Takashimaya still seems a little fuzzy on correct English, though.

2020 has beset humanity with one crisis after another, and last month it seemed like we’d finally found the root of the problem. No, it wasn’t a virus, divisive political stance, or even natural disaster that was out to get us.

It was the city of Kyoto itself.

At least that was the message being inadvertently sent by Japanese department store chain Takashimaya’s Kyoto branch in a lavishly large promotional poster. The intended meaning of “Let’s save the world, and this message is from Kyoto,” was instead interpreted by many as “Let’s save the world by protecting it from Kyoto,” thanks to some shaky English grammar and a less than ideal layout, which looked like this:

The “Save the World from Kyoto JAPAN” poster seen in the photo was put up on the north side of Takashimaya’s Kyoto branch on October 5, but it wasn’t until early November that the Internet really took notice of the sudden casting of Japan’s most traditionally hospitable town as a villain that must be stopped, and the chuckling spread around the world as photos of the poster went viral.

Takashimaya quietly removed the poster on November 9, and this week it finally addressed the situation directly by posting the following statement on its website:

“Recently, from October 5 to November 9, a poster was posted on a construction wall on the north side of our Kyoto store (along Shijo-dori Road), with English text which read:

Rising Again
Save The World from Kyoto JAPAN

To convey our intended meaning, a comma needs to be inserted between ‘World’ and ‘from,’ and omitting it resulted in the incorrect English phrasing.

Because of this, many people who saw the poster, as well as those who were involved in its creation and posting, were made to feel uncomfortable, and we deeply apologize.

In the future, we will be taking an increased amount of care in producing our advertising materials. We humbly ask for you forgiveness.”

Considering that anyone English-savvy enough to spot the mistake would also be able to immediately tell the “Kyoto is the bad guy” meaning wasn’t intentional, saying that it made people who saw it feel “uncomfortable” seems like kind of a stretch, unless we’re counting belly aches from laughing too much. Still, in Japan when you apologize, you apologize with the utmost earnestness, and it’s likely the snickering was genuinely embarrassing to some people who were peripherally involved in the gaffe.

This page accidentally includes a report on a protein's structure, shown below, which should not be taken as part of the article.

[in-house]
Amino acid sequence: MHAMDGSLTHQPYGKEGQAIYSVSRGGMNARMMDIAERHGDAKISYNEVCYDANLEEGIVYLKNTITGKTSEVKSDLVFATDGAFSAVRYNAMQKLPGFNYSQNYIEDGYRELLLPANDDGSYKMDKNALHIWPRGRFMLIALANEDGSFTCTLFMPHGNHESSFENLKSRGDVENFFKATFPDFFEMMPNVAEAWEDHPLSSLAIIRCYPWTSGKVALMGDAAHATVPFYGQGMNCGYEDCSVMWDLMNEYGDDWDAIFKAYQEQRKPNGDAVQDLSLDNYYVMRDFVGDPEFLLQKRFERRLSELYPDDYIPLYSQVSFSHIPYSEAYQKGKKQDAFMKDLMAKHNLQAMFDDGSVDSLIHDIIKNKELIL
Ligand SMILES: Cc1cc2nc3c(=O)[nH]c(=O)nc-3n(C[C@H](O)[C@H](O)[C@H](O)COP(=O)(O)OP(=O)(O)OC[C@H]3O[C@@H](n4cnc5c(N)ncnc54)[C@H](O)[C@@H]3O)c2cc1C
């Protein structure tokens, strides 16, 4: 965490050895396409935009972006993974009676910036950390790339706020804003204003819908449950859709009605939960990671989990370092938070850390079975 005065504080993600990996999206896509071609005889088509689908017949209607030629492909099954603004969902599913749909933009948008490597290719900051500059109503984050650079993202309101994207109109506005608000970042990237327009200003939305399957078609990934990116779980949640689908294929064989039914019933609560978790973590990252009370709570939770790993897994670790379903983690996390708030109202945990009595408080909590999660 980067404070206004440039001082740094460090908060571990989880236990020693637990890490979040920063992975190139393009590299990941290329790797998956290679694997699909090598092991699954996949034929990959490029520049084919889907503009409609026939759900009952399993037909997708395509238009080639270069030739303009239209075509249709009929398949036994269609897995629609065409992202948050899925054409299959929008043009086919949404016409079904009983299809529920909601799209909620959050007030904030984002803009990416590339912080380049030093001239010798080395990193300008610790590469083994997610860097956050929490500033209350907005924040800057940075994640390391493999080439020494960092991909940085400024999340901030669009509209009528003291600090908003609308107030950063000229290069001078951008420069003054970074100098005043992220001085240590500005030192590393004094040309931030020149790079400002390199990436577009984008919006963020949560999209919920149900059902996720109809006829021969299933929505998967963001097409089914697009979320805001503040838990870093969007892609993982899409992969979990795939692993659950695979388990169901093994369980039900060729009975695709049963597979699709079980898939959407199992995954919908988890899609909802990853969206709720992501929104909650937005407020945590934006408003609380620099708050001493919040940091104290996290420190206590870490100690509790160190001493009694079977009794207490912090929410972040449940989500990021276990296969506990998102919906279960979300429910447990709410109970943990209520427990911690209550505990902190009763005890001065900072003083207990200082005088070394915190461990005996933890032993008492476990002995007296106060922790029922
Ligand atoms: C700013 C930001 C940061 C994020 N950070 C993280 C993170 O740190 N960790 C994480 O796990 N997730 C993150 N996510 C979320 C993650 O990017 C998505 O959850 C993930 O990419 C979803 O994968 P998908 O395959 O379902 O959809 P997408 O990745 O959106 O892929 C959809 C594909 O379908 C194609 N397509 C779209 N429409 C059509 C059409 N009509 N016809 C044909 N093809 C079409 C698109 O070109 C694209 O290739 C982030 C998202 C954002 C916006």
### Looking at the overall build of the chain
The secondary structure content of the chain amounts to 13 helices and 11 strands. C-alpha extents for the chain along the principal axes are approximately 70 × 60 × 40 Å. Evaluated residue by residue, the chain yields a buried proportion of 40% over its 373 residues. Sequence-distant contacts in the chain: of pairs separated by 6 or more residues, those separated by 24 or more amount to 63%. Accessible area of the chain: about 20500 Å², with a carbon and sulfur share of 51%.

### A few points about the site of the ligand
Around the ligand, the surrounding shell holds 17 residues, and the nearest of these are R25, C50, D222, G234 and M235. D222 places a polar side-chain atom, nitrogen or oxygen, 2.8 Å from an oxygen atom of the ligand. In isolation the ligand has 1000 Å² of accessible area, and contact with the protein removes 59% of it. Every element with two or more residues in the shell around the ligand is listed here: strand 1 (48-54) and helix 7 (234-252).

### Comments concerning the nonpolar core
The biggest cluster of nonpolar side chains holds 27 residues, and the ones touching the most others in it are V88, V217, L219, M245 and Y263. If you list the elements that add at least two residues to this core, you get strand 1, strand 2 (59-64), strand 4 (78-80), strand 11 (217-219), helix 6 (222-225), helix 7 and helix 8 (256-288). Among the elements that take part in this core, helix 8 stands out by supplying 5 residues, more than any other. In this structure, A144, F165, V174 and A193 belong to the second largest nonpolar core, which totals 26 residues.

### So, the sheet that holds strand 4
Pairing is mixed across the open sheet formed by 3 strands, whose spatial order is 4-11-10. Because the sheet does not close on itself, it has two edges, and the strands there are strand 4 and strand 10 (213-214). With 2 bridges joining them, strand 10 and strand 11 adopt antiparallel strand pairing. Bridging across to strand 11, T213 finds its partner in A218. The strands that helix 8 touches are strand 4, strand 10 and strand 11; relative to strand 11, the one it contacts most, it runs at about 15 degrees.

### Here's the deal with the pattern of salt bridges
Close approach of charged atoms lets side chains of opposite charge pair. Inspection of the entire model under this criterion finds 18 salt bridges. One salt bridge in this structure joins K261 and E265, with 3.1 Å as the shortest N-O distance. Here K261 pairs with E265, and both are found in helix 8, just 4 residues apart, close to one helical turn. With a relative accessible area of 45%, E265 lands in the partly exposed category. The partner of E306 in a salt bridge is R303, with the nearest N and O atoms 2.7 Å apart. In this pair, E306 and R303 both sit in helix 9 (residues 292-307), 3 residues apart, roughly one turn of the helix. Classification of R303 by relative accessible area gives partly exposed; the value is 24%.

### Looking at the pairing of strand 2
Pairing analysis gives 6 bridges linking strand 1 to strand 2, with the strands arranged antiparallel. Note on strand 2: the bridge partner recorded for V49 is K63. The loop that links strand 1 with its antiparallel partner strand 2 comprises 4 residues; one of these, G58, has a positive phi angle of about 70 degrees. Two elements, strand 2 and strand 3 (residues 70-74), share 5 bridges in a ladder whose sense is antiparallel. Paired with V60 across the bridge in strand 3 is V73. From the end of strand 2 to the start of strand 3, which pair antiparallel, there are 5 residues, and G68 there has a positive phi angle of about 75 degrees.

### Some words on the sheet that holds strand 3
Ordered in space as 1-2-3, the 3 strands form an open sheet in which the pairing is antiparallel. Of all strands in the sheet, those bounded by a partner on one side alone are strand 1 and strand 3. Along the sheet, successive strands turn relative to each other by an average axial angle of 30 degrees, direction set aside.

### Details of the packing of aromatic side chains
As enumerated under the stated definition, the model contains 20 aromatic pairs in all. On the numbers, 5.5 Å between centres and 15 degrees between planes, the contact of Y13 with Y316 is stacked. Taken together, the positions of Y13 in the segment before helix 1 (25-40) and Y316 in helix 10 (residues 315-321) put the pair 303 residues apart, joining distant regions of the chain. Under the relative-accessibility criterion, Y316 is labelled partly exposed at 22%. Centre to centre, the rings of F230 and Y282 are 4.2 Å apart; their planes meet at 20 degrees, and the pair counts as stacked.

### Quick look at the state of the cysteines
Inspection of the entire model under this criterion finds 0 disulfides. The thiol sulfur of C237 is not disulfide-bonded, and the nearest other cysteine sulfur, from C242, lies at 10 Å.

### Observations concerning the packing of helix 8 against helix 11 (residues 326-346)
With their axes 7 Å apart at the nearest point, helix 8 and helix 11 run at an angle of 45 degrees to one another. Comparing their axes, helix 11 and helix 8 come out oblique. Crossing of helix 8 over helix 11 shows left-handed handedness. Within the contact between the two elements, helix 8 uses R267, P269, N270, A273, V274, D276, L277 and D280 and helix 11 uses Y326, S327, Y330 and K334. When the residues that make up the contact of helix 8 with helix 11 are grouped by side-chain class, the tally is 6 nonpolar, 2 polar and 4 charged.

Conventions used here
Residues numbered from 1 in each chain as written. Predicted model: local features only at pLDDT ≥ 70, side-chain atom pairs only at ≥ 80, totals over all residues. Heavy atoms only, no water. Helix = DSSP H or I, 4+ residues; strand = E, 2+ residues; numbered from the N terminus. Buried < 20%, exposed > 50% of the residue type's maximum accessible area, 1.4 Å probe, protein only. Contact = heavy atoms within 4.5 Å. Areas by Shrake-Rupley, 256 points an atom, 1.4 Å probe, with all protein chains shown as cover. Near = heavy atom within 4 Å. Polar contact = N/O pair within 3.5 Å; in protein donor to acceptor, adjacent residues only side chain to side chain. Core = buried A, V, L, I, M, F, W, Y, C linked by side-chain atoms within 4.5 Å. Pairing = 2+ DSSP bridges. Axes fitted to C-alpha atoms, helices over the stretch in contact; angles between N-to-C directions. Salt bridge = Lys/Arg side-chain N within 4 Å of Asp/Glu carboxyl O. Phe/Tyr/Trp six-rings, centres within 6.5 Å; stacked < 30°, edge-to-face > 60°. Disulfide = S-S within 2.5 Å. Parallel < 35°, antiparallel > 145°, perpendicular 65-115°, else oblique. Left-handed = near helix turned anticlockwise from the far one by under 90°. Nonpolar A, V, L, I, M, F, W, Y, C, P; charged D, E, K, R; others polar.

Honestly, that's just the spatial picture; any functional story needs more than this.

However, while Takashimaya’s heart is in the right place with their pledge to take more care in their ad designs, they still might not have the firmest grasp on what went wrong. Simply jamming a comma between “World” and “from” gives us this:

But the grammar/punctuation isn’t exactly perfect here either. For starters, if we’re handing out commas, there should also be one between “Kyoto” and “Japan.”

And while there’s some wiggle room when using “from,” we might also want to have a comma between the sign-off and the writer’s name, like we would here:

Come to think of it, maybe Takashimaya wasn’t trying to frame “Save the world,” as a message from the city of Kyoto, but as a call to action for people in Kyoto specifically to be the first to take world-saving action, in which case it should be.

And that’s not even getting into the weird capitalization choices in the original version, where every word except “from” is capitalized, and “JAPAN” is rendered in all caps.

▼ The original version, once more for reference

But hey, at least Takashimaya now realizes that its poster could have used at least one more draft, and honestly, we’ve seen weirder English mistakes in Japan.

Source: Takashimaya via IT Media
Top image: Wikipedia/Jo
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